The name given to this opera is only one of its unique facets. The production ran from the late 1980s to the early 1990s at the Experiment theatre in Leningrad (now St Petersburg), Russia.
Although this theatre was unusual in many ways, its greatest peculiarity was the community created by the actors, directors and staff. The performances featured children, favorite musical instruments, household items. Anyone who participated in the productions became a part of this intimate family.
For a period of time, the walls of the theatre hall were adorned with portraits by Leonid Kaminsky, created in the Russian Lubok style. Among them was a man with a clarinet, signed “Here is the composer Vadim Rivkin. He plays musical fragments”. Now you hold a facsimile of Vadim Rivkin’s original manuscript for Erofeev Passion and a DVD of the production.
The term “passion” possesses a long liturgical history. However, when listening to this piece, it is evident that it does not correlate with the works of J. S. Bach by the same name. Still, there is an underlying connection between Erofeev Passion and liturgical passions. The theme deals with the death of an innocent victim of the government’s wrath. The opera is based on the short story Parakeet by Victor Erofeev. The protagonist is an adolescent who is sympathetic towards a dead bird. He dreams that it returns to life, but his dreams are stopped by the tyrannical government in power. The story culminates to a horrific ultimatum: the boy must sacrifice his own life as a result of a sadistic judge who twists the boy’s case. Rivkin alleviates the intensity of the narrative by adding Psalms of David into the most dramatic moments. By doing this, he not only eases the tension of the listener but also combines the contemporary and the eternally sacred. Although complex, the music flows naturally, imitating human intonations. The composer creates clashing, vivid images both touching and grotesque. Rivkin’s musical score intertwines human voices, a harp and an electric keyboard.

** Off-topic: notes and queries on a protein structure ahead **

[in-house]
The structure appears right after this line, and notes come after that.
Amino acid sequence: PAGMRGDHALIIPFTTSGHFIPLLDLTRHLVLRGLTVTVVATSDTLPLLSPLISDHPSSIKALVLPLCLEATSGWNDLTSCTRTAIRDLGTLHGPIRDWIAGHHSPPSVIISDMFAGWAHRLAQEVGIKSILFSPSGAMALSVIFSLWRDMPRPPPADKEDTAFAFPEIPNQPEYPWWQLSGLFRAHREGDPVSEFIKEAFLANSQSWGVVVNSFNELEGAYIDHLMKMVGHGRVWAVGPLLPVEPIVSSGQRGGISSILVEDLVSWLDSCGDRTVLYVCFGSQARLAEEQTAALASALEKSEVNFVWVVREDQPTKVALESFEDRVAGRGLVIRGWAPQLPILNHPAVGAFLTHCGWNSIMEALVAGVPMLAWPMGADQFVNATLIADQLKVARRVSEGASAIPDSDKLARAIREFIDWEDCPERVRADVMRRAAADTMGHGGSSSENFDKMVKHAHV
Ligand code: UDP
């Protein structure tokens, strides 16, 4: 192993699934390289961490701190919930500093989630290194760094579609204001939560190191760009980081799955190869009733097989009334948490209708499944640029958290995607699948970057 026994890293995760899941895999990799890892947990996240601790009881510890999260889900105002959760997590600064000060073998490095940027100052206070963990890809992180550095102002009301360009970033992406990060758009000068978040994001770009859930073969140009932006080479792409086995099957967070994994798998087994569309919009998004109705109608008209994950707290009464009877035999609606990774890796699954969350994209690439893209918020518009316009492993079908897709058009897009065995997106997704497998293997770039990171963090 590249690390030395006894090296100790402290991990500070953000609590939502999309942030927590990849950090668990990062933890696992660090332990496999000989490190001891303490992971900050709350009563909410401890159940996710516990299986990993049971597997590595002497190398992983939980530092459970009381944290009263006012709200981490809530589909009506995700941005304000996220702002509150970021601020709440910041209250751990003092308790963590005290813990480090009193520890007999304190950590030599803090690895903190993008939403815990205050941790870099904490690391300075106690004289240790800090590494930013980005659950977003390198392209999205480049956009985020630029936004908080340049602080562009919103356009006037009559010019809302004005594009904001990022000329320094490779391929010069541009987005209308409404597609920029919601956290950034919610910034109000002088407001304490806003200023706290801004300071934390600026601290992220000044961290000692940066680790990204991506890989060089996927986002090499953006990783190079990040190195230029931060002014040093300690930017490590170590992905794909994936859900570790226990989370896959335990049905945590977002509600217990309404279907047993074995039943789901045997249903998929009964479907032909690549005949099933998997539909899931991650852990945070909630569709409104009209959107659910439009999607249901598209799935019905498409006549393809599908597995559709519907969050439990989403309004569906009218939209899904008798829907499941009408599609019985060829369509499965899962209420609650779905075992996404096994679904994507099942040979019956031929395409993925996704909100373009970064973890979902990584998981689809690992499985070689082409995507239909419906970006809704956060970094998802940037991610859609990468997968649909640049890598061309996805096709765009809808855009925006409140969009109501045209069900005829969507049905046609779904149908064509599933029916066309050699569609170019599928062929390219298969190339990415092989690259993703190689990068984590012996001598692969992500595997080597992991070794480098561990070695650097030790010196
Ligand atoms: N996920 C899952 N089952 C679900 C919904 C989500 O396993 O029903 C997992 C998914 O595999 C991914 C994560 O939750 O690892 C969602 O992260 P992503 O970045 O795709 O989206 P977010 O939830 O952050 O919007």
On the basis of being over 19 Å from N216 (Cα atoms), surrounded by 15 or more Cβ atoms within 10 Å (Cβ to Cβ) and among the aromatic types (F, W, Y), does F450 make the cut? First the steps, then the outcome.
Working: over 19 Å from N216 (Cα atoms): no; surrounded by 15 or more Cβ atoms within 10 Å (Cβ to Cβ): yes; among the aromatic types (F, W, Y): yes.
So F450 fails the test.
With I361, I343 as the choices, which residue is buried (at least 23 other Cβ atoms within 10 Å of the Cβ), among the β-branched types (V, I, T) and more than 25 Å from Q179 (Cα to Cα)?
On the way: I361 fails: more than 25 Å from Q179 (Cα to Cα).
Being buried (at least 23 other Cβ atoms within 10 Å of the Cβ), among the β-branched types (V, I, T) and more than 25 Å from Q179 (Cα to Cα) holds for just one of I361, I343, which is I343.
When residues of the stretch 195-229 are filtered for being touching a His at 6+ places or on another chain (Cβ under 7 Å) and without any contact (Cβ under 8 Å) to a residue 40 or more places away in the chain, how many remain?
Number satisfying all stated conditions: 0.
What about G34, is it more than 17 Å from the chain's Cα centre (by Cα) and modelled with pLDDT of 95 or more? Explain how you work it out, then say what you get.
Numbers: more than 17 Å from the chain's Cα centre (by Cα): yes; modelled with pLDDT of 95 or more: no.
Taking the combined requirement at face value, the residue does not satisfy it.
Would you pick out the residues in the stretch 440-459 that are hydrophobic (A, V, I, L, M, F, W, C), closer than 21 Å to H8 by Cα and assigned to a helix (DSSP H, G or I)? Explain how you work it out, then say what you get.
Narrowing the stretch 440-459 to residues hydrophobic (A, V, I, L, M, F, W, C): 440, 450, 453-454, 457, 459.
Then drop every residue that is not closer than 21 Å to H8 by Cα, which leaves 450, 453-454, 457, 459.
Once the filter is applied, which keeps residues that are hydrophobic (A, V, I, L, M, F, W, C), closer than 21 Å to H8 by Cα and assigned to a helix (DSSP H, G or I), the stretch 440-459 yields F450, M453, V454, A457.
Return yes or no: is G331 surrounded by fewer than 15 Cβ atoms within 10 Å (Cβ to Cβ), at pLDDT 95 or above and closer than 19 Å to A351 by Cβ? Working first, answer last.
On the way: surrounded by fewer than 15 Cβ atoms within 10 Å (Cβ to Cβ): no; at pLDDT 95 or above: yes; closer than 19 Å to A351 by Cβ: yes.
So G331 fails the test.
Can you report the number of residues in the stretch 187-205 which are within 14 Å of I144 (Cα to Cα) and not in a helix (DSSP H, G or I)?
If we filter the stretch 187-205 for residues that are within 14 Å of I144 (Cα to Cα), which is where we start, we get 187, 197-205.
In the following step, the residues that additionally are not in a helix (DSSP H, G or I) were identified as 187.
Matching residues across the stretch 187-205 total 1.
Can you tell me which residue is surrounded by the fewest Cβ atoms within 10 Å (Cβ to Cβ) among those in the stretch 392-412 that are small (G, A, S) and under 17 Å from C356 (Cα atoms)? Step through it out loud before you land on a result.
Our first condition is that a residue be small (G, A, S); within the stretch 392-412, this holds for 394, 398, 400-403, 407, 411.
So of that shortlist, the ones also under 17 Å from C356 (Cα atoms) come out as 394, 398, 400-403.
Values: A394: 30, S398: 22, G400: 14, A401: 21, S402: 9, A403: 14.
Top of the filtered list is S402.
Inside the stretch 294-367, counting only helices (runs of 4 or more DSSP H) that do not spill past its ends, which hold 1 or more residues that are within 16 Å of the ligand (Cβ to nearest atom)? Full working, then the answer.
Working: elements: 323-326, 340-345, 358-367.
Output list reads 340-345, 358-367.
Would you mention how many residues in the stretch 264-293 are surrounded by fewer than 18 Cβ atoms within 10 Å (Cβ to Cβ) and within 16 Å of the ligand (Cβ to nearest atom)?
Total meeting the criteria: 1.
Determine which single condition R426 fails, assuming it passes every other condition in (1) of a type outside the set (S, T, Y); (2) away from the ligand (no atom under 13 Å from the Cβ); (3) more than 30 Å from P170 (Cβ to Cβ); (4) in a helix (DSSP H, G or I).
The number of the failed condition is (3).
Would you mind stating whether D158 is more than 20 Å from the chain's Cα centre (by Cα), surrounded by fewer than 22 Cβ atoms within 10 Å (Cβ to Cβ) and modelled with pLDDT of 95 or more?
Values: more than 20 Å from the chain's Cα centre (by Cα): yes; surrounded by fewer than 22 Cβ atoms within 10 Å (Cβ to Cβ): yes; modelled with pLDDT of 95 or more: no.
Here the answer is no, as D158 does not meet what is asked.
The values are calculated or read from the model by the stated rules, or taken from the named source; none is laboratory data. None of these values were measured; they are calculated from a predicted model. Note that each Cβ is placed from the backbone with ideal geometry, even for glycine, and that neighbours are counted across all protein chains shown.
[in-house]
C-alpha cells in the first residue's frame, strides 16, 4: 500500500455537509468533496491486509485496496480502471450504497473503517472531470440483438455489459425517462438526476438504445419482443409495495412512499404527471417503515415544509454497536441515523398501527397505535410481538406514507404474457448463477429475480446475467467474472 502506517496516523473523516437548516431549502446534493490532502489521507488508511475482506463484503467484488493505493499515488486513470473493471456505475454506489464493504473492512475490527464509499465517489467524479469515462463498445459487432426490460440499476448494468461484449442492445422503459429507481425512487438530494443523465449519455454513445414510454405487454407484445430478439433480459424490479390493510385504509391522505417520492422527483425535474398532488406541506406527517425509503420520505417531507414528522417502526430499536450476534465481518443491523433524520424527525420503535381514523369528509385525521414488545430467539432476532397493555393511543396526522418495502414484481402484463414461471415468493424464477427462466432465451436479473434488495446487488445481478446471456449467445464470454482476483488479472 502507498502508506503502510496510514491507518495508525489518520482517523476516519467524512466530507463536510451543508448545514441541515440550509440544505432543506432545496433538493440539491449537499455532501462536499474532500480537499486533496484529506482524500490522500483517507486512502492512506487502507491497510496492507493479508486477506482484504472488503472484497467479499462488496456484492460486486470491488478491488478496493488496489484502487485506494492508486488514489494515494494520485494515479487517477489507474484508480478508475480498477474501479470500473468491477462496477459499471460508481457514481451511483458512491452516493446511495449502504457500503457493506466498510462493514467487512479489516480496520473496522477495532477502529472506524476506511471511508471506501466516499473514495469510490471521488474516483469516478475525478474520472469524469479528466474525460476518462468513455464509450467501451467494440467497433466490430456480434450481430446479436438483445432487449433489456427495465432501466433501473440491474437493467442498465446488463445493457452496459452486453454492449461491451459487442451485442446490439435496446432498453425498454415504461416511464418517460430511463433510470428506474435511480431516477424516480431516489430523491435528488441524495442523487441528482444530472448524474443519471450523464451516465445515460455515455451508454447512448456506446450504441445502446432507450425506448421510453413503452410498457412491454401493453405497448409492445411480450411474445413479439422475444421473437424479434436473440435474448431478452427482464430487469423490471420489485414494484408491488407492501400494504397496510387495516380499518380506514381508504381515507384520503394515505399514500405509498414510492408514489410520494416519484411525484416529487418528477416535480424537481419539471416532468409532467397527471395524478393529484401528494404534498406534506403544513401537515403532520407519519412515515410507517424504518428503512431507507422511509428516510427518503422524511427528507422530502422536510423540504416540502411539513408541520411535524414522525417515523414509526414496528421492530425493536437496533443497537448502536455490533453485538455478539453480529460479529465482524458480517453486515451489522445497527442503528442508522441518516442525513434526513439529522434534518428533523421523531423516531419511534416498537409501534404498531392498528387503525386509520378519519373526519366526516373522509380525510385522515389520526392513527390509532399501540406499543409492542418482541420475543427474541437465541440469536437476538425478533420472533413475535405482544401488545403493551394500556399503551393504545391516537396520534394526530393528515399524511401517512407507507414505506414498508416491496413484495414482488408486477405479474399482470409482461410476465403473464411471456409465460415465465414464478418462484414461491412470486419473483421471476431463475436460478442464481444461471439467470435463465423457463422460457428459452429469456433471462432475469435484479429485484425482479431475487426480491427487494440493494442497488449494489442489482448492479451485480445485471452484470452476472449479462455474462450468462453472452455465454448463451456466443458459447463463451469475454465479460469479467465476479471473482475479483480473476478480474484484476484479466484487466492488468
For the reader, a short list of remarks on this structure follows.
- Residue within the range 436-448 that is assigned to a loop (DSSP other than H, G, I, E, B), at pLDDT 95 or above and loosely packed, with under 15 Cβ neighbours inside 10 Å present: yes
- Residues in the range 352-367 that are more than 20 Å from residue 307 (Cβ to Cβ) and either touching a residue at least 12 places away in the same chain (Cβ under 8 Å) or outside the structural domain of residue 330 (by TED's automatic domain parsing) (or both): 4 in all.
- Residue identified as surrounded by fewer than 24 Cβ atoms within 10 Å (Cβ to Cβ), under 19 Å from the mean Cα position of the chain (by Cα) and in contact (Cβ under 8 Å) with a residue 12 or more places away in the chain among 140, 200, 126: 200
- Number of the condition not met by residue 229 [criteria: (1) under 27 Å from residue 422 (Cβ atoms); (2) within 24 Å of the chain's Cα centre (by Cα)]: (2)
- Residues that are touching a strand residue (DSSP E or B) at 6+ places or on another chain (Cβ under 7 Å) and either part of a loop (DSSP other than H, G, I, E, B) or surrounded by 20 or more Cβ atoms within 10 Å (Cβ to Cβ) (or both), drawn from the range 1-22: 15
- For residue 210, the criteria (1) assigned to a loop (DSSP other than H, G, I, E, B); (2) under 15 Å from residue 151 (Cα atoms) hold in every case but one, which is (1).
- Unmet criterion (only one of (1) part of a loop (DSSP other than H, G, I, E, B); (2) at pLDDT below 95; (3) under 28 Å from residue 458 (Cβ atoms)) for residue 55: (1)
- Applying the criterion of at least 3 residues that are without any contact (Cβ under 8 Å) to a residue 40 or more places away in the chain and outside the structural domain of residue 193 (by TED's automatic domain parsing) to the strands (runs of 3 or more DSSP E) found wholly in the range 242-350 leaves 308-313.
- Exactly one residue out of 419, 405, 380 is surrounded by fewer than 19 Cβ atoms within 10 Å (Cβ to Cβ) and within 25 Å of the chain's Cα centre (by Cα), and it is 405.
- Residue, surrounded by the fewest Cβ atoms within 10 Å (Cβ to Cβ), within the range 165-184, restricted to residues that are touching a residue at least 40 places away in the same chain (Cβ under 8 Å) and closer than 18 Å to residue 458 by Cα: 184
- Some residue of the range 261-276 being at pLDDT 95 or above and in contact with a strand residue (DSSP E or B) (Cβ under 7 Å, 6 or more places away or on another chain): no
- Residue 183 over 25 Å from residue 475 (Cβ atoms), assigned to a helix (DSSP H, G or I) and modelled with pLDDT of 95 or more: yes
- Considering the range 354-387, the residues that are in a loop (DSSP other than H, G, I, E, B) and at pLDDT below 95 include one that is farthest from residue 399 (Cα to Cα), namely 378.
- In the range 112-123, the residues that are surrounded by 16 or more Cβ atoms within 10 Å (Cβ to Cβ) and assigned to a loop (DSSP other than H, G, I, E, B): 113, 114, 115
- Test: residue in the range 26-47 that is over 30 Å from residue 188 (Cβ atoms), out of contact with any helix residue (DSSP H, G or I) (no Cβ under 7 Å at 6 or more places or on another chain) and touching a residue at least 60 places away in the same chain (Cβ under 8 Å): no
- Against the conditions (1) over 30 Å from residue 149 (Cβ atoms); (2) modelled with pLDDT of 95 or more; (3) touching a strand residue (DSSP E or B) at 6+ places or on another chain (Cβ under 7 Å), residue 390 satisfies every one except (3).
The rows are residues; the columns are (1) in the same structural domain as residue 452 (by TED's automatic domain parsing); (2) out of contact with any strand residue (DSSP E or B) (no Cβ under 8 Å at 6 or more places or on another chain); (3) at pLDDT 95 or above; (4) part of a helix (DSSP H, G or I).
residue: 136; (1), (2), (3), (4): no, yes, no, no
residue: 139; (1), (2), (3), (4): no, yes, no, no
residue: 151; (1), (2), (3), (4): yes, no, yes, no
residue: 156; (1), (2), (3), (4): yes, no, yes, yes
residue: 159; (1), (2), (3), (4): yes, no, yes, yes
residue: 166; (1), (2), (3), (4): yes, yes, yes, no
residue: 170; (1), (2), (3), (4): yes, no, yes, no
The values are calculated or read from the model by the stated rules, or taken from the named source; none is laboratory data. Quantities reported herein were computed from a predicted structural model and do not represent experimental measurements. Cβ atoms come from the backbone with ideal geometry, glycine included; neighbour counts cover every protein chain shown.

This edition embodies the opera’s transition from the composer’s hands to its future. Those who know and love this music wish it the best.